Getting from an idea to a first draft.

This is a companion piece to Josh’s blog about curating ideas.  My method of curation is slightly different to his; but I wanted to talk first about my process getting from a game idea to a first draft. 

Full disclosure… I am an incorrigible consumer of productivity systems and books about ‘getting creative work done’.  I love reading about how other people ‘get shit done’ so I can constantly refine my own methods.  If there is a book about creative productivity, then the chances are, I’ve got it.  Not all systems work for me (not all systems work at all!) but there are two things that I use pretty much constantly to support me in getting from idea to first draft. 

Firstly, I keep a bullet journal.  I’ve been doing it for a couple of years now and it is really valuable to me.  I don’t have one of those pretty artful bullet journals that look adorable and perfect.  I have a boring A5 notebook and a couple of pens that are comfortable to write with and I scribble in it.  But I use it every single day. And I put everything in it: I log my goals, lists of the games I want to write, plans for my kids birthday parties or the vegetable garden, design notes, daily gratitudes, I sketch out rough weekly diary spreads, long lists of things to do and notes on my life.  I put it all in one book where I can regularly reflect on it.  I mix up all my game notes, with everything else and I organise it using the bullet journal method.   

This means that I have one physical book that is with me all the time; a book I’m checking and reviewing several times a day.  Games and ideas don’t get shoved in a folder and forgotten about – as I leaf through my book they are there reminding me and poking at me to get them written. Those ideas sit in the middle of the sprawl of my life allowing me to make connections I would never have otherwise seen. The bullet journal system gives me confidence that nothing will be forgotten, and that in turn allows my brain precious breathing space.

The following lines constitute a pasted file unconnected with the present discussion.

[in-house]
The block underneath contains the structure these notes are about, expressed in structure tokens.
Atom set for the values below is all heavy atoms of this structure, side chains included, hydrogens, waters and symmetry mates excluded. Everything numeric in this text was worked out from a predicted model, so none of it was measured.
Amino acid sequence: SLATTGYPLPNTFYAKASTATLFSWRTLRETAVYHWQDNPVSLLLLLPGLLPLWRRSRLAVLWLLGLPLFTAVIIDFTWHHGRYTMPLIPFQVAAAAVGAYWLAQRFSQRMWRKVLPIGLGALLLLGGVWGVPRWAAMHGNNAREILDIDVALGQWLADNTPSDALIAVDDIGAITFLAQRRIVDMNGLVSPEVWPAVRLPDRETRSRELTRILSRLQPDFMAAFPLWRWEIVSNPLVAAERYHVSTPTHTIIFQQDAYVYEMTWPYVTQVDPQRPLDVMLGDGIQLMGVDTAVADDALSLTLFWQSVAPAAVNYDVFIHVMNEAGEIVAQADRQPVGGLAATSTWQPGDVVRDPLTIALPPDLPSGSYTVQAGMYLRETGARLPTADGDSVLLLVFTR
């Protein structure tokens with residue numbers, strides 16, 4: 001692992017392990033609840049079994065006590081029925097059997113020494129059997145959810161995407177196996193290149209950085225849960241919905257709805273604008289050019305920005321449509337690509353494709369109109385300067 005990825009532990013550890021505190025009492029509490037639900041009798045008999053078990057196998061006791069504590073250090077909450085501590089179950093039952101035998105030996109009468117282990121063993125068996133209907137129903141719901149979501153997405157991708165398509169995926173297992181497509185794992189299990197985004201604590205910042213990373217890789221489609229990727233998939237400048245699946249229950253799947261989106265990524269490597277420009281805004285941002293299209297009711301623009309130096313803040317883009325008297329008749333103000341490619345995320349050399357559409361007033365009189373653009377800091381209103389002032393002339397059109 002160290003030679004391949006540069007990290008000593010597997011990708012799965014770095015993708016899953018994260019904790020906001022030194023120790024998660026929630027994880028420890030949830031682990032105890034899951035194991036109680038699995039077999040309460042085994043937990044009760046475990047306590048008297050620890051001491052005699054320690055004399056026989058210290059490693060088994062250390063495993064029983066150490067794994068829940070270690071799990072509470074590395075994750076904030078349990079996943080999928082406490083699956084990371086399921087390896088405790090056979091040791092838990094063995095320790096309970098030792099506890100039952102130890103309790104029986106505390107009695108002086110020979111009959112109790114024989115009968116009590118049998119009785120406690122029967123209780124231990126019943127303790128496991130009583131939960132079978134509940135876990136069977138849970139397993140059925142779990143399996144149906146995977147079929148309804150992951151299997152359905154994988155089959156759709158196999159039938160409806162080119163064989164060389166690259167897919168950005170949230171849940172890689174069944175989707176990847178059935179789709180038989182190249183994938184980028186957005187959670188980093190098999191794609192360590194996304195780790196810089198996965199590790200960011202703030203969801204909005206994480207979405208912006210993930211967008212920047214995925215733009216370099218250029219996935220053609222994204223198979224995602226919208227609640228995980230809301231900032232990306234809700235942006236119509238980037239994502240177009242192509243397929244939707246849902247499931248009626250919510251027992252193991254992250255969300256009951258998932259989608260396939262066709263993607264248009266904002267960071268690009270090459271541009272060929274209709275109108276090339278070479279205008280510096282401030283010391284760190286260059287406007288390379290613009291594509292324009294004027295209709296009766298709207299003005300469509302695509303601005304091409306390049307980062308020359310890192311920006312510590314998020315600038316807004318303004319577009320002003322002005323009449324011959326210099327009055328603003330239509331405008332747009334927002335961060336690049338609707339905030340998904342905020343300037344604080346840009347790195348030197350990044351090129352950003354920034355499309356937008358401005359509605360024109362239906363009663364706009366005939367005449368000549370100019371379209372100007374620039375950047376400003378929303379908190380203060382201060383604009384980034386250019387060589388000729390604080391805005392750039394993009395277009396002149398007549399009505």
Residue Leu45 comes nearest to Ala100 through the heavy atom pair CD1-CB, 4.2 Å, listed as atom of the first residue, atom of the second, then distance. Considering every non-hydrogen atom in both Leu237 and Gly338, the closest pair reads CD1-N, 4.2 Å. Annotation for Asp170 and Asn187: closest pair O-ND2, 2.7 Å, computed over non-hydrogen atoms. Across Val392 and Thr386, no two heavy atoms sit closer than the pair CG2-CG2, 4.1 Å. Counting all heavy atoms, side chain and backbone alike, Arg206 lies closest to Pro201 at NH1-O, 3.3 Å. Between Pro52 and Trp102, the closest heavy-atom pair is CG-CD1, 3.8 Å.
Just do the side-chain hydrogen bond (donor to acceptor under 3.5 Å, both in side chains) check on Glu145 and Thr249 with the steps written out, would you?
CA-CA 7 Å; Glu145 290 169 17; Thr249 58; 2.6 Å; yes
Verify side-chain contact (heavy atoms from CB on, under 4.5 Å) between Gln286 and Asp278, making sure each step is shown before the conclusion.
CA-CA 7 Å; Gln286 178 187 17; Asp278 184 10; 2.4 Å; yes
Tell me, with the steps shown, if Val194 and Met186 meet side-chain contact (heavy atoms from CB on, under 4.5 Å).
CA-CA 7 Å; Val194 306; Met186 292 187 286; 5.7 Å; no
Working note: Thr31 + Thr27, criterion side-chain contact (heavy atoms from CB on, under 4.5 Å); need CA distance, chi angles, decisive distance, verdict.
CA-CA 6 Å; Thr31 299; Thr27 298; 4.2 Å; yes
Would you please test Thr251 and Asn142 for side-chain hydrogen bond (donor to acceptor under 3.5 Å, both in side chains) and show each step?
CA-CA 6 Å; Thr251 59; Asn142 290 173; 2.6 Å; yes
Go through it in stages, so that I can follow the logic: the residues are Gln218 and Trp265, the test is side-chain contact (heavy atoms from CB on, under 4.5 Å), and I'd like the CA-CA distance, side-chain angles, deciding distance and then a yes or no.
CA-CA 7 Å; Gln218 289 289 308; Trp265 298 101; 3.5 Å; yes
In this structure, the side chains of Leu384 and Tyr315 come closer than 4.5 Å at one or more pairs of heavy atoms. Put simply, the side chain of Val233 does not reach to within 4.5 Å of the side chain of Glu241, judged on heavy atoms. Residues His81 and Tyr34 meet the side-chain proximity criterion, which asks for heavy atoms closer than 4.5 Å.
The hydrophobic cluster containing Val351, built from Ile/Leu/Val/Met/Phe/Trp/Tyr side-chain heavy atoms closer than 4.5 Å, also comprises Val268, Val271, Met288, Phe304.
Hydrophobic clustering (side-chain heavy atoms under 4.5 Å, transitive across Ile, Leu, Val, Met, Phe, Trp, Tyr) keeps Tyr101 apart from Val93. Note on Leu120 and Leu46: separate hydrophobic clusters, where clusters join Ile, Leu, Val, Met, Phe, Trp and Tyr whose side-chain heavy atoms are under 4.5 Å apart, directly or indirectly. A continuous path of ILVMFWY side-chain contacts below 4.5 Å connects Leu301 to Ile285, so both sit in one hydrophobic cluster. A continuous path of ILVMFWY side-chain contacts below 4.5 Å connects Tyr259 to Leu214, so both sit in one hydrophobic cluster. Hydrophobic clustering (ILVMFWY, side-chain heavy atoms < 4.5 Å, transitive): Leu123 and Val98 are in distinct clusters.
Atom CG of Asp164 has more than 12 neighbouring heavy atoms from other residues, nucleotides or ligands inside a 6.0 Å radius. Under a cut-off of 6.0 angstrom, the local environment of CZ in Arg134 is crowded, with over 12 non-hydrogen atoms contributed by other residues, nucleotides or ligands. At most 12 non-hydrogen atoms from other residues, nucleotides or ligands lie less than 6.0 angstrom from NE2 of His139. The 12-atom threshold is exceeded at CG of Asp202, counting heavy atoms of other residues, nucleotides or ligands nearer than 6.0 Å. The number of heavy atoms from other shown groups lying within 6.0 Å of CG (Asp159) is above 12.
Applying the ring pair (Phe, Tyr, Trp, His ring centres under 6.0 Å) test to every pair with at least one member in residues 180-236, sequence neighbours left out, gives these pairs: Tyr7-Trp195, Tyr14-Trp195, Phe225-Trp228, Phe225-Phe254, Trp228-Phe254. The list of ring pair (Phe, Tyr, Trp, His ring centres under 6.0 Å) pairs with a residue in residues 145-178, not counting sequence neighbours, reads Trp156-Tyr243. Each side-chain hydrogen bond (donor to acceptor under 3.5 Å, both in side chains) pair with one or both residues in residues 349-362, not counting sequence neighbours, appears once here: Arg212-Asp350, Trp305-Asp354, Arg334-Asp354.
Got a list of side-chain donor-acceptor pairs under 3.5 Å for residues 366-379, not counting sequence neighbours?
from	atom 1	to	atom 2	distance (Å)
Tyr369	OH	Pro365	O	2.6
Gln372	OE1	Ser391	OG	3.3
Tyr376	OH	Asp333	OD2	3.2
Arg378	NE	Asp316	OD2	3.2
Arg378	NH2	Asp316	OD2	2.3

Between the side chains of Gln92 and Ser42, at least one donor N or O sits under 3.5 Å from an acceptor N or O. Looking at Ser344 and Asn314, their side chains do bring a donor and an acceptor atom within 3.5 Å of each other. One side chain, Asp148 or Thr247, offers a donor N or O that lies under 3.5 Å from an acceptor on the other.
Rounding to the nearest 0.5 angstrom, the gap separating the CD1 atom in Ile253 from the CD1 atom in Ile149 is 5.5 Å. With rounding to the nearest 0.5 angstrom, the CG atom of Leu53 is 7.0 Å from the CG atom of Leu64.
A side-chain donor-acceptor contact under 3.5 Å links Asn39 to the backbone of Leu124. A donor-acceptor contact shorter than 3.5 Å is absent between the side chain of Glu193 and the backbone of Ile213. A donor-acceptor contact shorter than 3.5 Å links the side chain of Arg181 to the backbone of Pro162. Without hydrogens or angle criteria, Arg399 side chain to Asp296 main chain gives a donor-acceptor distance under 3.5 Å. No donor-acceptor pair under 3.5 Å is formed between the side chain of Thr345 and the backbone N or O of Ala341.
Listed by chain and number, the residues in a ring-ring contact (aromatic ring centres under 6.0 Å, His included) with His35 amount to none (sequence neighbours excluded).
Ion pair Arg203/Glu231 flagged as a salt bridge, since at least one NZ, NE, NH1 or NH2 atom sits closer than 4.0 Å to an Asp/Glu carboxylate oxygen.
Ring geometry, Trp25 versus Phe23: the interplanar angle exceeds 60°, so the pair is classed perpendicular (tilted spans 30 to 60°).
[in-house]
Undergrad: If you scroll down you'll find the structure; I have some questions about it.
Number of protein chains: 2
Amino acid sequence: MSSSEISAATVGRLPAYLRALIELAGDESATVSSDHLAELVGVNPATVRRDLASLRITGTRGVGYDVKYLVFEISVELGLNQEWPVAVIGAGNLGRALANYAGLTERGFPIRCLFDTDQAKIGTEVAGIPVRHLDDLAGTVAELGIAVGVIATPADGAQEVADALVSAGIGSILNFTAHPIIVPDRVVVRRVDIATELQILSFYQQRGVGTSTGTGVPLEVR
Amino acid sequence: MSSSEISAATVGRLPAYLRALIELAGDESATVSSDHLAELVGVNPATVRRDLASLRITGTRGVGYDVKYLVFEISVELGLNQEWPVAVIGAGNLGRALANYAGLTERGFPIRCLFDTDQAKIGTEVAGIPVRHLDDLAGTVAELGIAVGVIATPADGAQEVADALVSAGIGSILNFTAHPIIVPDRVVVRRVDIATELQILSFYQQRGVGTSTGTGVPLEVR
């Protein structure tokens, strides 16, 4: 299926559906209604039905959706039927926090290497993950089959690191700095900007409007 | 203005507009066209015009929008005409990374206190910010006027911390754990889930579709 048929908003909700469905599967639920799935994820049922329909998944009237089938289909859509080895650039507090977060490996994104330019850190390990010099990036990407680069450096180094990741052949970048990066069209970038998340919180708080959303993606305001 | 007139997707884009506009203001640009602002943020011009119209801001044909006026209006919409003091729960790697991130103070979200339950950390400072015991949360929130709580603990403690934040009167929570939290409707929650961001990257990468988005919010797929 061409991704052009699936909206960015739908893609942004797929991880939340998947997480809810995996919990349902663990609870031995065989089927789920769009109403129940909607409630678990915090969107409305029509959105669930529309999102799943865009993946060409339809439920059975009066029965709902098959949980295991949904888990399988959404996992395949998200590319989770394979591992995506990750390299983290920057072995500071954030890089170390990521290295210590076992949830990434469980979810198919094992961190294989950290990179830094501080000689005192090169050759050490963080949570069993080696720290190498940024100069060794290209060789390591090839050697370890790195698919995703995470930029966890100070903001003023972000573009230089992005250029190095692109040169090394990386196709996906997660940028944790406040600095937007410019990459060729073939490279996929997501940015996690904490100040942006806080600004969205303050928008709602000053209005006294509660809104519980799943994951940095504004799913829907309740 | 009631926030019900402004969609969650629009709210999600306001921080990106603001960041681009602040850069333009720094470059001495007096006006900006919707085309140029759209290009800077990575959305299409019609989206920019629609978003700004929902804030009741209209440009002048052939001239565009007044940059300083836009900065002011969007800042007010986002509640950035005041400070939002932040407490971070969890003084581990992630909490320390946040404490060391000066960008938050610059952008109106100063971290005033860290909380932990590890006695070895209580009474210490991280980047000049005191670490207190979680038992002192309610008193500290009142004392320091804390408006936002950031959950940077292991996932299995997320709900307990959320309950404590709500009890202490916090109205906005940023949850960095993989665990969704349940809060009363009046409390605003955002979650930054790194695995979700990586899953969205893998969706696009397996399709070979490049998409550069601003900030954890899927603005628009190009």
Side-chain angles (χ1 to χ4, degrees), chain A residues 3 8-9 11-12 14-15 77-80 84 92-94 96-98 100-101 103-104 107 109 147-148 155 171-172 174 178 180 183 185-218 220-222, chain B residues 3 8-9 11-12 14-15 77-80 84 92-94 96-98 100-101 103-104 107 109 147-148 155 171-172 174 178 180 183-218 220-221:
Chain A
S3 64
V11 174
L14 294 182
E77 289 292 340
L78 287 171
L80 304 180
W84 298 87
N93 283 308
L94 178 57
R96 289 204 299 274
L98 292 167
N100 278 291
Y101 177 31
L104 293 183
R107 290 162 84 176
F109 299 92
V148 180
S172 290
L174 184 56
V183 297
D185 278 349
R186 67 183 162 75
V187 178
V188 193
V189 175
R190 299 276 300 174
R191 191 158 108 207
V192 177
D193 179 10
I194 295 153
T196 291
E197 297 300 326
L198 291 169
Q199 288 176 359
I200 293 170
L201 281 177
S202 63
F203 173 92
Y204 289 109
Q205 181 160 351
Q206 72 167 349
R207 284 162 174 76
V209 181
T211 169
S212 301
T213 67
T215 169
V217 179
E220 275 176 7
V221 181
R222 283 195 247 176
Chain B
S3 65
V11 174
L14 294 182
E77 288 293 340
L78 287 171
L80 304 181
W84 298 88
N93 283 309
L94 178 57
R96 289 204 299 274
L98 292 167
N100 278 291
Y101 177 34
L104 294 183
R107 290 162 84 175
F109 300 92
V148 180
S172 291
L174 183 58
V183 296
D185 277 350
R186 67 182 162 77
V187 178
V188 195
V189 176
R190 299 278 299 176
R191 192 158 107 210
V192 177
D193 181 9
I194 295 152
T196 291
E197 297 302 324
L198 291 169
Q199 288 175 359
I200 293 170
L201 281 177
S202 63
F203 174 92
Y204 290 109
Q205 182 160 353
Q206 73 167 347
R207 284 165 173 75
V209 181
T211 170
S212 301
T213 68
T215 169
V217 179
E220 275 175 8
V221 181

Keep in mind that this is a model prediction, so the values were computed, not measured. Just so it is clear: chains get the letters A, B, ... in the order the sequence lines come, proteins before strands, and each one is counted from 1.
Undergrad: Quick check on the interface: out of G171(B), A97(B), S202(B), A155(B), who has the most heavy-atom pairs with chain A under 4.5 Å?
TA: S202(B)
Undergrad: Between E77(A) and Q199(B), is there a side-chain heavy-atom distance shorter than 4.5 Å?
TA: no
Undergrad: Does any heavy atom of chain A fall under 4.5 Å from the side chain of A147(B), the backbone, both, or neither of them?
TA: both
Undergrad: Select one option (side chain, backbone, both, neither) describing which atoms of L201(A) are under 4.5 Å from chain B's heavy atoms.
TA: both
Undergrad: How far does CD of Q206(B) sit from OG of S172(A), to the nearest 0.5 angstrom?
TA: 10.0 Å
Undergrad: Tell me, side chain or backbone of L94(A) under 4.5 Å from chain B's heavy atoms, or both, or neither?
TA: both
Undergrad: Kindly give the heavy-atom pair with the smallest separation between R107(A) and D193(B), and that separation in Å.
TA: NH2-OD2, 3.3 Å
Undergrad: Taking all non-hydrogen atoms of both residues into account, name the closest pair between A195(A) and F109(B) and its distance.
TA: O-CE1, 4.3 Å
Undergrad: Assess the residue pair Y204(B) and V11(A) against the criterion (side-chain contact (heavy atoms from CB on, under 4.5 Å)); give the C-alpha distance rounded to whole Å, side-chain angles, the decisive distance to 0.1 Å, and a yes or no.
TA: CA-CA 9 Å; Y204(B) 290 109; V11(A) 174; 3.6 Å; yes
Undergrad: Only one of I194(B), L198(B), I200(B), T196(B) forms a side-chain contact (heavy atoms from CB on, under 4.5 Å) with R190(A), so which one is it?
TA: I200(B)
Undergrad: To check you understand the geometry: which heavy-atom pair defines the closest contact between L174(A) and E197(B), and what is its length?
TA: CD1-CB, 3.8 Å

If you’ve been put off bullet journalling because you can’t or don’t want to spend hours drawing instagram-worthy spreads then do not fear! That isn’t the core of bullet journalling and ignore all that stuff and just write in a scrappy ballpoint pen. 

Why not use something like Evernote or some app?  On a personal level I love the tactile nature of a physical book. I love that it is dog-eared, covered in scribbles and notes and stickers and that it looks used.  I enjoy having a tangible artifact of my life in that way.  

But there are advantages to me outside this much more personal preference. The main one is that there are no distractions.  It is just me and the paper. There are no email alerts, no temptations to check social media and no getting sucked into a rabbit hole of TV tropes or and then forgetting why I’m here.  It is a clean room for me to sketch out ideas and log the little pieces of insight as they strike me. 

But that is only half the story.